With everything going on in Illinois, Puerto Rico, Greece, Italy, and Spain, among others, it’s easy to take your off the Chinese ball. China is not in danger of imminent default, but the country is in for a long stretch of Japanese-style stagnation. From Wolf Richter at wolfstreet.com:
Sudden Financial Meltdown is less likely.
The Chinese government has the situation under control and will do whatever it takes to keep it under control — that’s in essence what Premier Li Keqiang said today in a speech at the World Economic Forum in the Chinese city of Dalian.
“We are fully capable of achieving the main economic targets for the full year,” Li said. The mandated growth rate this year is 6.5%.
“Currently, China also faces many difficulties and challenges, but we are fully prepared,” he said, according to Reuters. He said this because everyone from the IMF and the New York Fed on down has been pointing at and fretting about the debt powder keg that China keeps filling with ever more volatile compounds.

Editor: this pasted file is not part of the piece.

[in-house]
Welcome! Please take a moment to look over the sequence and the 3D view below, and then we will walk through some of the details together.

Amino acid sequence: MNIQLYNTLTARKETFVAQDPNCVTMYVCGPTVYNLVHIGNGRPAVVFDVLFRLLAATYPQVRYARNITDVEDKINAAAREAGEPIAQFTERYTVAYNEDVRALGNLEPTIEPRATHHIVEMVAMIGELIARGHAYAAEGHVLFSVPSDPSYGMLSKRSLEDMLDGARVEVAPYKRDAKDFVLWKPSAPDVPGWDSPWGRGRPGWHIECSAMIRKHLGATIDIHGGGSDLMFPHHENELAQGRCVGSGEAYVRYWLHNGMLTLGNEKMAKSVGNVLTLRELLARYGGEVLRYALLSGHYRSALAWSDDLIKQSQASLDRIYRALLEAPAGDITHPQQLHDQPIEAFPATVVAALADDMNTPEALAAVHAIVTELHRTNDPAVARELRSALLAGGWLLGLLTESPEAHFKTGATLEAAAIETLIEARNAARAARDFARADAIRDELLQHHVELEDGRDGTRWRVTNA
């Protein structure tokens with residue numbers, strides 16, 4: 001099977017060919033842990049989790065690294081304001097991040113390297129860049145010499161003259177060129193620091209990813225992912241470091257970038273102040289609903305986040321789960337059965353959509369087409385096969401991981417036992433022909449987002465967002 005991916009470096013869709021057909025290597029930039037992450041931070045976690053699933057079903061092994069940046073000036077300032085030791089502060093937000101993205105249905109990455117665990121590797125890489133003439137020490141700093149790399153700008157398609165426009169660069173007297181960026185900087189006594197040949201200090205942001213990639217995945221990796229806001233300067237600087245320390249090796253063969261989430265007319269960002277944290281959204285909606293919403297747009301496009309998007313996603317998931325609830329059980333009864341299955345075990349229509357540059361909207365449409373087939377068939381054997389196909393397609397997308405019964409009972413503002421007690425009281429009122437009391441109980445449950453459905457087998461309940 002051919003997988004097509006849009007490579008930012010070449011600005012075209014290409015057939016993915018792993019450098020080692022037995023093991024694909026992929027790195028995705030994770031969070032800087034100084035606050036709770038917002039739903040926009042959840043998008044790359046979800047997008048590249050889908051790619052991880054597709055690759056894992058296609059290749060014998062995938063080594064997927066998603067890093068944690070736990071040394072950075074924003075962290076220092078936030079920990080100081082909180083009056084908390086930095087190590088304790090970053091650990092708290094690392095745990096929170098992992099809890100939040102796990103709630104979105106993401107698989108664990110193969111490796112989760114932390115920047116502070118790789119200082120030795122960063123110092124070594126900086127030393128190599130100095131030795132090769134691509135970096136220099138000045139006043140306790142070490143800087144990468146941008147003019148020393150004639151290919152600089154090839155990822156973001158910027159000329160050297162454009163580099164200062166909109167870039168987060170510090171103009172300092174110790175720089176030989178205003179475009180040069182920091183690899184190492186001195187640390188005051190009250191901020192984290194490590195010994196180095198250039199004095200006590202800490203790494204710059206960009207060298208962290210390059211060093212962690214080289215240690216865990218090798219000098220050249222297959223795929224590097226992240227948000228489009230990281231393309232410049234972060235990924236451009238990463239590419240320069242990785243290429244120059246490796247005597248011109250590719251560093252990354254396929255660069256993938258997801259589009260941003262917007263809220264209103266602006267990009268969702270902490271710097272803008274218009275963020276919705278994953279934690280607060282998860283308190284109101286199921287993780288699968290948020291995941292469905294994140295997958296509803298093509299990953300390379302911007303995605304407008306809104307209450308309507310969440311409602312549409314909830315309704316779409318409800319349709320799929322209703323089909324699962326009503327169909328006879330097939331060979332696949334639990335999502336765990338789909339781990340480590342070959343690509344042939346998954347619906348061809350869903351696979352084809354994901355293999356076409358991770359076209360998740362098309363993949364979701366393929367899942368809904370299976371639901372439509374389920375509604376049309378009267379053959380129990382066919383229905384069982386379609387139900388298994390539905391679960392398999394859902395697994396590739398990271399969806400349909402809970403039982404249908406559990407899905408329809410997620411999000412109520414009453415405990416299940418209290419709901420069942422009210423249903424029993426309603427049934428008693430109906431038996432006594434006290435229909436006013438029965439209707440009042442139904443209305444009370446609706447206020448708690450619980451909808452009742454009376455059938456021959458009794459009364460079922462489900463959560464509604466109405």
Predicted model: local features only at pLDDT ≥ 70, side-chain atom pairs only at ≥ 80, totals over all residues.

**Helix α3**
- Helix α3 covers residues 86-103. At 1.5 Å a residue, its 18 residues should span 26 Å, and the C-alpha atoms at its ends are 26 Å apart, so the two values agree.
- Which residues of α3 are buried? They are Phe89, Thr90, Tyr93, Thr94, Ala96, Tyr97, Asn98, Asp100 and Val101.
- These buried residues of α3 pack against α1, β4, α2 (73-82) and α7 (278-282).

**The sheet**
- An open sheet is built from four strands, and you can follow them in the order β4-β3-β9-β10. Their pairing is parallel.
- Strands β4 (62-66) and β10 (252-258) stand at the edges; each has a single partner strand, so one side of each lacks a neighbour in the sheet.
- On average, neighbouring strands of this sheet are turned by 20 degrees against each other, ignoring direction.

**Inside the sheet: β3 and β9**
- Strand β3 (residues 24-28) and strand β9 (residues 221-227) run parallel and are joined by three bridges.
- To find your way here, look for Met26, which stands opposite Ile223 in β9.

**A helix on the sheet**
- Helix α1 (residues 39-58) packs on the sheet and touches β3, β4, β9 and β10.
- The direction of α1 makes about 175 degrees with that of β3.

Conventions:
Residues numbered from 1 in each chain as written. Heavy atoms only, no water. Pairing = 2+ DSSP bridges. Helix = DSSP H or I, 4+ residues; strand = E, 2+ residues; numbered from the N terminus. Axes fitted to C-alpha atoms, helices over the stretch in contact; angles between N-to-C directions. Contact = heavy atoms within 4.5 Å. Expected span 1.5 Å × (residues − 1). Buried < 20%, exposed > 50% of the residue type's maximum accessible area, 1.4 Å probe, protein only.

“There are indeed some risks in the financial sector, but we are able to uphold the bottom line of no systemic risks,” he said. “We are fully capable of preventing various risks and making sure economic operations will be within a reasonable range.”
So the powder keg isn’t going to blow up. As ever more debt is added, the government is pursuing the shift to a consumer-driven economy, while trying to tamp down on excess and outdated capacity in some select industries such as steel and coal. These cuts, Li said, would continue.
“No development is the biggest risk for China,” he said, so China wants to “sustain medium- to high-speed economic growth over the long term.” But given the size of China’s economy, it “will not be easy.” In other words, come hell or high water, credit creation will continue in order to maintain this mandated growth.
So when will this powder keg blow up?
It might not blow up; China might be able to prevent that kind of event, and it is less likely that China will melt down financially despite its terrific credit expansion, and there are no signs of an immediate crisis. But China, like Japan in the 1980s, is suffering from a “delusion” about how to fix its economic problems.
To continue reading: China Suffers “Delusion” like 1980s Japan, Faces Long Stagnation